by Abdul-Hakim Shabazz, Esq.
Growing up as a kid on the south side of Chicago, you got a pretty good education when it comes to the street hustle, notably if you ever played the old shell game. That’s the game where you place a ball under one of three cups, move the cups around, and someone tries to guess where the ball is. Usually there is money involved, and usually, you place a bet and usually, you lose. You lose because while you’re trying to follow the ball, the guy running the game figures out a way to draw your attention to one cup, while the ball is really under another cup. The debate over Sunday retail alcohol sales and cold beer are a lot like that shell game.
Confused? You won’t be after this.
I draw parallels between the Legislative debate regarding Sunday sales and cold beer sales at grocery and convenience stores to the shell game because that’s basically what the liquor stores have been doing lately. You might have noticed the liquor store lobby has “reaffirmed” its support for Sunday retail sales. They have put out news releases, and association president John Sinder even wrote an op-ed in the state’s largest newspaper. The liquor tout how they have always been in support of Sunday retail alcohol sales and have called the ban “antiquated and forces small business package liquor stores to close one day per week.”
Did I just wake up in a parallel universe where Hillary Clinton is President, and Harvey Weinstein is a champion of women’s rights? Because I could argue that’s the only backdrop where the liquor industry would be sincere about its support for Sunday retail sales, unless there is something else going on. Which I submit to you, there is.
This is where the shell game comes in, so ponder this for a moment.
The liquor store folks have always maintained that they need special treatment because they operate under a different set of rules than the big box, grocery and convenience stores. They say they are restricted by what they can sell, their employees have to be trained, and the big one; their permit licenses are much more expensive. You always hear the story about the “mom and pop” liquor store that spent $200,000 for its license. Which by the way is not true, that was a corporation that bought the license in an Indianapolis suburb. And most liquor license purchases are private transactions and the state doesn’t get a dime. But I digress.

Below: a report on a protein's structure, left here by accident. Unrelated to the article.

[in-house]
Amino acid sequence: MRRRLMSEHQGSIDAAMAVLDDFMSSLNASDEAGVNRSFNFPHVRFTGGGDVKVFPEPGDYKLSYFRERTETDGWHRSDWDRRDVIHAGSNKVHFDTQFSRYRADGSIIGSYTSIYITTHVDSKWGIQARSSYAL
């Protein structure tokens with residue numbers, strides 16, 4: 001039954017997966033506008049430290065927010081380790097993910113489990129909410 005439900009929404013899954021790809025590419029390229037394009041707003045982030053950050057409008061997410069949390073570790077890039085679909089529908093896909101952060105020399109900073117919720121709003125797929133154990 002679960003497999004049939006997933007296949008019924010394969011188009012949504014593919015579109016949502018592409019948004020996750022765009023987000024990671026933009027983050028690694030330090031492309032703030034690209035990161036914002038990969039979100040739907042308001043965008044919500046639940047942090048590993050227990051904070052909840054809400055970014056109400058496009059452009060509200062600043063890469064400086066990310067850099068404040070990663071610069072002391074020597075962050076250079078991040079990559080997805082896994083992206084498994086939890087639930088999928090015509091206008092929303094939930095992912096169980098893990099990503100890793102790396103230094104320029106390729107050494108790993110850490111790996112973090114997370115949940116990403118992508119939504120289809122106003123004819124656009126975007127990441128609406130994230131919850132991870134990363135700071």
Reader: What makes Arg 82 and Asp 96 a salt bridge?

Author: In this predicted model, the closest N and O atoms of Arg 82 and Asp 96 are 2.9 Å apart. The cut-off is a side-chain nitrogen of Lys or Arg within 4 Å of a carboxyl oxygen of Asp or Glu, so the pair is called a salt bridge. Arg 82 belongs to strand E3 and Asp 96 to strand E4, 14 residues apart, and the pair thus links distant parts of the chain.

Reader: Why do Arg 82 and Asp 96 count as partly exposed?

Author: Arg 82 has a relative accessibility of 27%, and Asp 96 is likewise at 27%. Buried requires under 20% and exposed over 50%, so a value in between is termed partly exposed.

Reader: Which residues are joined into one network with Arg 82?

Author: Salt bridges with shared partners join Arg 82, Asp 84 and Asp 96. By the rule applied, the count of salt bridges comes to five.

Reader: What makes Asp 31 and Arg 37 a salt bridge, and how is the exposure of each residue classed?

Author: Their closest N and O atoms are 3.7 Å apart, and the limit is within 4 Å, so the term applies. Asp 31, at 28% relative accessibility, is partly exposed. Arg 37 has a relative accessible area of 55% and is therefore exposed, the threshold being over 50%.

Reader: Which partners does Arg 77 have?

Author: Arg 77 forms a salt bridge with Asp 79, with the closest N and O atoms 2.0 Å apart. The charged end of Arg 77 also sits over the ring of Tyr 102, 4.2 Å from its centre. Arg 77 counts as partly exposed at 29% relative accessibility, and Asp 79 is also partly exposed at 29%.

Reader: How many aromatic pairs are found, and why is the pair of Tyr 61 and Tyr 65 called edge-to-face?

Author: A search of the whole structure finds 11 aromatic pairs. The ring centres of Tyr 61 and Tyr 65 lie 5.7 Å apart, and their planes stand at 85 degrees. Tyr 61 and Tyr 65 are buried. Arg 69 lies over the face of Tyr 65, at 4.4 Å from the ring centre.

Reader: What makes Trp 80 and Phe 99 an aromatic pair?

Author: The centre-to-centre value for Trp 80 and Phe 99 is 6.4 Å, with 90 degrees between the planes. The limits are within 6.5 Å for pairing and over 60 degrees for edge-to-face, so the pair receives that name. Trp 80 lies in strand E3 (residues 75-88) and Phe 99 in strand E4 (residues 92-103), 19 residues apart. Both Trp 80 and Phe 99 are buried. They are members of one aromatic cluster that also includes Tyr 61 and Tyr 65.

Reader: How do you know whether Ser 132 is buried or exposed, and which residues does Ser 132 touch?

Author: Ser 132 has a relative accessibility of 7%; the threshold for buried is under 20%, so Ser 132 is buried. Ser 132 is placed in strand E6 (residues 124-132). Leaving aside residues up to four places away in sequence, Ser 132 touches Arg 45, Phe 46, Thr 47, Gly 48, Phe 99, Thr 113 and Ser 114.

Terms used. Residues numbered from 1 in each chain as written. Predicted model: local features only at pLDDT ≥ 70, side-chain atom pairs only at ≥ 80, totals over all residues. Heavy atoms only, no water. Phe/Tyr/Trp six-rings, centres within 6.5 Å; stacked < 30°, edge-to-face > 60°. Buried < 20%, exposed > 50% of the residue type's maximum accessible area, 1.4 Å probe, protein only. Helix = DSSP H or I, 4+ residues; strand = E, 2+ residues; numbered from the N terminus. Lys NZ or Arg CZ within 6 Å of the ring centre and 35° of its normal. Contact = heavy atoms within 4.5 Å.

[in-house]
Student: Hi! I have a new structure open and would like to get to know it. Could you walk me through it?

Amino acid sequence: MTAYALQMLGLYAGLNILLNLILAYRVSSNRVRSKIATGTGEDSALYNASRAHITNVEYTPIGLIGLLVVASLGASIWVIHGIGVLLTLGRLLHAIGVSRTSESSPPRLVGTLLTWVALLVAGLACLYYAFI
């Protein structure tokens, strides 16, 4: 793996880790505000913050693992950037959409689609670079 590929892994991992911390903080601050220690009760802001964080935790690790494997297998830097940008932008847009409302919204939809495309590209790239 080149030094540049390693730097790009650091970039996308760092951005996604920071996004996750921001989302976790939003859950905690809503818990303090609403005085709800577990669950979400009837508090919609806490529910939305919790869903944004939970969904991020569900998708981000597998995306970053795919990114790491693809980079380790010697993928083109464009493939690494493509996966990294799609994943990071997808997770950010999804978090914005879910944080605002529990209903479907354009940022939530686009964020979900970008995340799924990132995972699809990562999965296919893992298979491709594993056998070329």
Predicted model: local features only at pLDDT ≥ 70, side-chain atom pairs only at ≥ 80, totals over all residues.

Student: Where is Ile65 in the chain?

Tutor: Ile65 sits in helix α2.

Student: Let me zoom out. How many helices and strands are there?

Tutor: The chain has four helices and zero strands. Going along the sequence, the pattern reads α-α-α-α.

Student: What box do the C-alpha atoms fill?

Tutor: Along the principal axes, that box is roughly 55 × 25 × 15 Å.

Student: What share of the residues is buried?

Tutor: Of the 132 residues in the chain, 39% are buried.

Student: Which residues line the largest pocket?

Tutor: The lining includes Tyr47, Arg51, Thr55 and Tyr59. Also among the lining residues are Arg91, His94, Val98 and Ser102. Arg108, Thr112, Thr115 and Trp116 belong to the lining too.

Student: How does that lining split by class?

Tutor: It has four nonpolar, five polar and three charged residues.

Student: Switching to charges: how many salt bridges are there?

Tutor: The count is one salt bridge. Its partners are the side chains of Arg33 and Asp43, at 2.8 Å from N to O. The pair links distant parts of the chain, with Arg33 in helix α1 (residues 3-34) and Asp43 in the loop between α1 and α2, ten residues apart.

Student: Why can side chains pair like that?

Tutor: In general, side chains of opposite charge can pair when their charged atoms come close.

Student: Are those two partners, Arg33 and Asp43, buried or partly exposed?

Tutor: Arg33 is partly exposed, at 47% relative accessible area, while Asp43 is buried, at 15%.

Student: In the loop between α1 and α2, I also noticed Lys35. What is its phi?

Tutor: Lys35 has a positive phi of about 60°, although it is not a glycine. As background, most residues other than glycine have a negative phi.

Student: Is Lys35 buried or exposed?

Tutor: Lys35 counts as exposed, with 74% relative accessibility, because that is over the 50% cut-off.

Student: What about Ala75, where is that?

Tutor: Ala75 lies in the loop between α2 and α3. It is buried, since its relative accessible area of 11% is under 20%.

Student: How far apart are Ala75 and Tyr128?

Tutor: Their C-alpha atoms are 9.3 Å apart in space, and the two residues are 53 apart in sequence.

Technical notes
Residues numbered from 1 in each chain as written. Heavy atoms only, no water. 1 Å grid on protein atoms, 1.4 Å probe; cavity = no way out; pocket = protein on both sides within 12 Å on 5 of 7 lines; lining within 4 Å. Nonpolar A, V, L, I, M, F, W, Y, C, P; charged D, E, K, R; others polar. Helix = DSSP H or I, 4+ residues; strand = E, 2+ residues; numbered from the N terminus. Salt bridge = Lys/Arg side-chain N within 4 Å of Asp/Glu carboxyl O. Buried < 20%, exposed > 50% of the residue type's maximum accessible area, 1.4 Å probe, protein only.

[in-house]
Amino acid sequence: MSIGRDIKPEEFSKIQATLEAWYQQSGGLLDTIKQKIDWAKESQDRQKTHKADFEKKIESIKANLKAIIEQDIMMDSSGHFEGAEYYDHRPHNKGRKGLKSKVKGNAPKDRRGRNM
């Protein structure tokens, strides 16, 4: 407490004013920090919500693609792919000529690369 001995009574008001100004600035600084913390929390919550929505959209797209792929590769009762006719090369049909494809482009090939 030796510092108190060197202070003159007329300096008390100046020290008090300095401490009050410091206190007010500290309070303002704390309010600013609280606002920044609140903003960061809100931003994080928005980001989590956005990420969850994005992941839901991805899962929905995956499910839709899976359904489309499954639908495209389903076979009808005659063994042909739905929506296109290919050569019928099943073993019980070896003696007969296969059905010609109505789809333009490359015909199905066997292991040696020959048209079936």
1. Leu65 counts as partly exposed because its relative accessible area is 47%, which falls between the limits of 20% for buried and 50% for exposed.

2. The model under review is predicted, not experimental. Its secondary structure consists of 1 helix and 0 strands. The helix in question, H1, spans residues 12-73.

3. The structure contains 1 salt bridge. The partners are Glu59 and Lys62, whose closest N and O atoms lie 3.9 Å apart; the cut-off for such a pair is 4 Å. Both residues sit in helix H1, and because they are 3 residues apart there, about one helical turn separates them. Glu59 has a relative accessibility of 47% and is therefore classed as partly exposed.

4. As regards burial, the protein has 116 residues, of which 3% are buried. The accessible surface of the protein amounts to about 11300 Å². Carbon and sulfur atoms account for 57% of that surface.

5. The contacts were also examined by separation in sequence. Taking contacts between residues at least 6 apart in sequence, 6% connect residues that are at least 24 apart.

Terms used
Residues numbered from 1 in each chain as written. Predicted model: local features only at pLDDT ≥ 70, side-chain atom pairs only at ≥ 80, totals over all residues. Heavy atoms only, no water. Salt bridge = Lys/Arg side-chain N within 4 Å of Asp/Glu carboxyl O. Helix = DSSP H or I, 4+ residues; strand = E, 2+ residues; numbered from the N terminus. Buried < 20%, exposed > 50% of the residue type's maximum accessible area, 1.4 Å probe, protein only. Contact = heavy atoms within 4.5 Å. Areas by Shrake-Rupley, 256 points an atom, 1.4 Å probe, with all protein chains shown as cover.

So with all those hoops, the liquor stores have to jump through, why would anyone spend that much money to operate a business that can’t open on Sunday and is restricted by what it can sell and who can work there? I have two words for you, “cold beer”.
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Cold beer is the only thing the liquor stores can sell that everyone else can’t, Rickers notwithstanding. And that is what they are scared to death of losing. If the liquor stores lose their monopoly on retail cold beer sales, it is game over. And this is why they have suddenly become a lot more vocal about supporting Sunday alcohol sales.
Now doesn’t that shell game analogy starting to make a lot more sense?
By “coming out” in support of Sunday retail sales, the liquor store folks think that will be enough to stave off any talk of allowing their competitors to sell cold beer. They want you to focus on Sunday sales, which garners a lot more public support than cold beer sales. You will think they are reasonable, you will be able to buy alcohol when you do your Sunday grocery shopping, and all will be right with the world.
Don’t fall for the hustle folks. I have covered this issue for more than a decade and at no point in time have the liquor store folks come out in full support of Sunday retail alcohol sales. And in the few instances they did, it had some many strings attached it looked like a giant puppet show.
The only reason they are conceding Sunday retail sales because they know it’s coming and they want to keep their cold beer monopoly.
Like my buddies used to say when it came to the old shell game, keep your eye on the ball because I can assure you the guy trying to hustle you is.
Abdul-Hakim is the editor and publisher of IndyPolitics.Org. He is also an attorney affiliated with the law firm of Lewis & Wilkins in Indianapolis. His opinions are his own, but you are free to adopt them.